A contemporary sketch of Ilchester Gaol, the temporary residence of many a Yeovilian.



Yeovil's Stocks
Stocks, popular with civil authorities from medieval times, were yoke-like devices formed from hinged wooden boards into which the legs of one or more offenders would be locked, thereby restricting their movement. The stocks were invariably located in the open air, subjecting the offender to all weathers, and were situated in the most public location. This ensured that as a public form of punishment, it combined a physical punitive element with public humiliation.

For centuries Yeovil, like most towns, possessed a set of stocks. These were situated between the pillars of the Market House - essentially a roof supported by columns that covered the market traders' stalls - that stood in the middle of the Borough. Yeovil’s stocks were last occupied on Thursday 24 September 1846 by a man named Stoodley. He was found guilty of being drunk on a Sunday afternoon and was confined in the stocks for three hours.


Death of a Mendicant

James Beare became one of Yeovil's early law enforcement officials, known in the 1830s as a Watchman, and was based at the Tolle Hall in the Borough.

The town's Watch-House or lock-up (seen at left) was in cellars of the building where they remain today, roughly beneath the War Memorial. On 8 January 1838 a drunken mendicant, or beggar, 42-year-old Isaac Justins, was thrown in the cells but left there without food, water or heat for two days, resulting in his death. Consequently James Beare, and co-Watchman George Hill, were charged and tried for manslaughter.

It must be presumed that the case against James Beare was ultimately dismissed although he almost certainly lost his job as a Watchman since, immediately after the case, he became a beerhouse keeper at the fledgling Beehive Inn in Huish.


Murder of Constable Penny

Just before midnight, during the evening of Saturday 18 January 1862, Police Constable William Hubbard of the Somerset Constabulary was on duty on Hendford Hill when, without warning, he was assaulted by a gang of navvies who had been employed on the railway. Hubbard then met Constable William Penny, and told him what had happened.  

From the Police Gazette

The rest of the navvies then gathered round and, being greatly outnumbered, Hubbard and Penny let the gang move on along Hendford Hill. The two Constables then met their Sergeant Keats and explained to him what had occurred.

Together they returned to the gang of navvies, following them along the Dorchester Road, close to the Red House public house. A fight ensued and PC Penny was knocked to the ground, where the navvies viciously kicked him.

Constable Penny was then taken into the Red House, where he was attended by doctors. William Penny never rallied properly and died the following Saturday. Three of the navvies were later tried for manslaughter; two were acquitted and the third received a sentence of four years.


Robert Slade Colmer

Sadly, space precludes an in-depth study of a man who was probably one of the worst Yeovilians of all time - Robert Slade Colmer. He was a herbalist and… a paedophile (he got off on that one), a back-street abortionist (actually a Middle Street abortionist), he was tried for manslaughter, made a bankrupt and he was an adulterer. Oh yes - he was also a murderer and the father of Ptolemy Colmer who, despite his father, became a physician, surgeon and Mayor of Yeovil .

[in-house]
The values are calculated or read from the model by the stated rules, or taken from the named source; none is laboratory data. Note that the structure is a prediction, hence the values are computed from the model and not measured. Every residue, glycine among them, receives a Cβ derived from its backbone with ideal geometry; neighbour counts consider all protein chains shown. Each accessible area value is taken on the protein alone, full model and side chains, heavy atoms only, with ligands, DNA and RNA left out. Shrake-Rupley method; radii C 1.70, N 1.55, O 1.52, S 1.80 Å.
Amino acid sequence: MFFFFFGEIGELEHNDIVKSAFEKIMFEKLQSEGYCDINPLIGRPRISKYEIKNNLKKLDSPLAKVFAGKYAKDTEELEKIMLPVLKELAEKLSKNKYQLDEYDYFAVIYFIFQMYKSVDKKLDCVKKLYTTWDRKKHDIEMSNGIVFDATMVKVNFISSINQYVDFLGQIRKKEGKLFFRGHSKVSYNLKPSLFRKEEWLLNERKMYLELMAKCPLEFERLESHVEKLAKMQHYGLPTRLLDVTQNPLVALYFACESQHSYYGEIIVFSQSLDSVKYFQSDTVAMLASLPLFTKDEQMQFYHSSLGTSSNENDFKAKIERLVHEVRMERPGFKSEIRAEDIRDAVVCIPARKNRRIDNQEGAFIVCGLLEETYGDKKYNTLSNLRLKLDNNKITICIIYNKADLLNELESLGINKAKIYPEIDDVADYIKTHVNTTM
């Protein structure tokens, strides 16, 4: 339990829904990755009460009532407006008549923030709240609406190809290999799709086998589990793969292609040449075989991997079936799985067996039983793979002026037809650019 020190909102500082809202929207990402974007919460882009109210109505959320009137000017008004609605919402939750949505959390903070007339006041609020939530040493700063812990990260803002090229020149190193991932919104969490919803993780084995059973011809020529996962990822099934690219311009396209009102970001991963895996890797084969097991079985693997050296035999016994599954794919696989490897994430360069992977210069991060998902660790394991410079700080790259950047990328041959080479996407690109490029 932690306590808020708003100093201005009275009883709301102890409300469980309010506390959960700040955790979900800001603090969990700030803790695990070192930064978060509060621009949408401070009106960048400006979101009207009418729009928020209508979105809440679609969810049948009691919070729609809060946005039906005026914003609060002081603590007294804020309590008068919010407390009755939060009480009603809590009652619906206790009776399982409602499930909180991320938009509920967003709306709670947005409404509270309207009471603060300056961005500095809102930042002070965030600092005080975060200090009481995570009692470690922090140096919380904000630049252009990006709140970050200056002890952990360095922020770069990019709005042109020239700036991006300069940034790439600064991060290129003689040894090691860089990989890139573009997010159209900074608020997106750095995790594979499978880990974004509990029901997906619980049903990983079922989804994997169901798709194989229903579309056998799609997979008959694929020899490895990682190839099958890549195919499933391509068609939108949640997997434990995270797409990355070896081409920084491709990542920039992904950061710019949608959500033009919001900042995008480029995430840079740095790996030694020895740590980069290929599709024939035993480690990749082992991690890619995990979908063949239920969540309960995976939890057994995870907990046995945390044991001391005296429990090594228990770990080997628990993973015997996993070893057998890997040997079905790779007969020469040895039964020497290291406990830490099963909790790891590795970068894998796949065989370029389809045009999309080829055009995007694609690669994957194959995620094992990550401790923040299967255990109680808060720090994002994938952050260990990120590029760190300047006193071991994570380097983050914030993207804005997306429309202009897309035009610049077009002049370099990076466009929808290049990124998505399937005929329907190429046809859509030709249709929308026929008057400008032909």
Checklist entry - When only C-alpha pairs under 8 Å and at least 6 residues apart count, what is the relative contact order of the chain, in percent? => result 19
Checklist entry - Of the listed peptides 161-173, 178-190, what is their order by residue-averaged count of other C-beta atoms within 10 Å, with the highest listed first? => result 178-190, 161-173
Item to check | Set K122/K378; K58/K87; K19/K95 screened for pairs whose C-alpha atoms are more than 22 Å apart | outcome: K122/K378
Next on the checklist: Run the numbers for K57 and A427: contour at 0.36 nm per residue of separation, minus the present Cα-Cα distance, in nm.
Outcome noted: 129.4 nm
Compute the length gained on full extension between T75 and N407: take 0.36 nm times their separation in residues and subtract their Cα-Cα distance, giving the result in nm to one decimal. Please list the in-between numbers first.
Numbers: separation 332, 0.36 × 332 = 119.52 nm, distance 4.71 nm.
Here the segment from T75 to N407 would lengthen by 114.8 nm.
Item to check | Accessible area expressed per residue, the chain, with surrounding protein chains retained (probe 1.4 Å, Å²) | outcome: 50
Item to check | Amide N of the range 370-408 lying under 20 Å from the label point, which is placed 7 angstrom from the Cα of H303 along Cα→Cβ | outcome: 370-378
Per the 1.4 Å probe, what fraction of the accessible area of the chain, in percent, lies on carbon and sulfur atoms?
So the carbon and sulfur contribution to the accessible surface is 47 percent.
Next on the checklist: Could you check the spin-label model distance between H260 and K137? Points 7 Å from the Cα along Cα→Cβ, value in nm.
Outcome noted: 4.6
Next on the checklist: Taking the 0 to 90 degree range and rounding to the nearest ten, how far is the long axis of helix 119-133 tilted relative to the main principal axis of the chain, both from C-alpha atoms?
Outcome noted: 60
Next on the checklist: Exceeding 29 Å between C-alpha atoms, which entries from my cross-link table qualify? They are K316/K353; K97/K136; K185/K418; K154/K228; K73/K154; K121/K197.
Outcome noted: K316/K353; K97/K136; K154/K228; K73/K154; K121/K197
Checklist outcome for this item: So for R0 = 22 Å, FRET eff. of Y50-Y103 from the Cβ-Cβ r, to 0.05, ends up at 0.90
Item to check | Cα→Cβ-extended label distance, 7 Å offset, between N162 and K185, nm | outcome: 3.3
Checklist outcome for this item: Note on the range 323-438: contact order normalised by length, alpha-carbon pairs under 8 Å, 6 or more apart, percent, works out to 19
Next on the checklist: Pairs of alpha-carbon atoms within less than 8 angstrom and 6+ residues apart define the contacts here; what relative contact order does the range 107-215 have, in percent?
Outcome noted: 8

On 9 December 1844 at Taunton winter assizes Robert, aged 27 was tried on the charge of "Carnally abusing a girl between the age of 11 and 12 years". For lack of evidence (and the court clearly didn’t believe the testimony of a child) he was found not guilty.

In October 1863, an inquest was opened before Dr Wybrants, at the Castle Inn, on the body of Elizabeth Fox, a young woman who had been living as a servant at Rimpton. It appeared that she was pregnant and that she went to Colmer for medical advice. She remained there some days, and death is said to have taken place early on Sunday morning. On post-mortem examination, a frightful laceration of the womb was found. After a lengthy inquest the jury bought in a verdict of manslaughter against Robert Slade Colmer. He was indicted for slaying Elizabeth Fox and was also indicted for misdemeanor or, in other words, concealment of birth. The evidence at Colmer's trial was all of a circumstantial nature and ultimately the jury returned a verdict of 'Not Guilty'.

In March 1880 Robert and his wife Jane, also a 'herbalist', were visited by a widow, Mary Budge of Crewkerne. Mary was pregnant by her young lodger and, in short, the Colmers performed an abortion after which Mary returned to Crewkerne on the train with her lover. She died in agony during that night. Robert and Jane Colmer were both tried at the Old Bailey, found guilty and convicted for the willful murder of Mary Budge at Yeovil, by illegal operation. (For full details of the trial, click here). On 3 August 1880 both Robert and Jane were sentenced to death. On 19 August 1880 the Home Office commuted the sentence of death on both Robert and Jane to one of penal servitude for life. In the 1881 census Robert Colmer, aged 66, was listed as a convicted felon in Pentonville prison, London. Jane was serving her sentence at Millbank prison, London.

Robert Slade Colmer died in prison at the age of 73 in the winter of 1889. Jane, however, was somewhat luckier than her husband and was released from prison. In the 1891 census she was 'living on her own means' in Peter Street with her herbalist daughter, Cleopatra. Jane died later that year aged 76.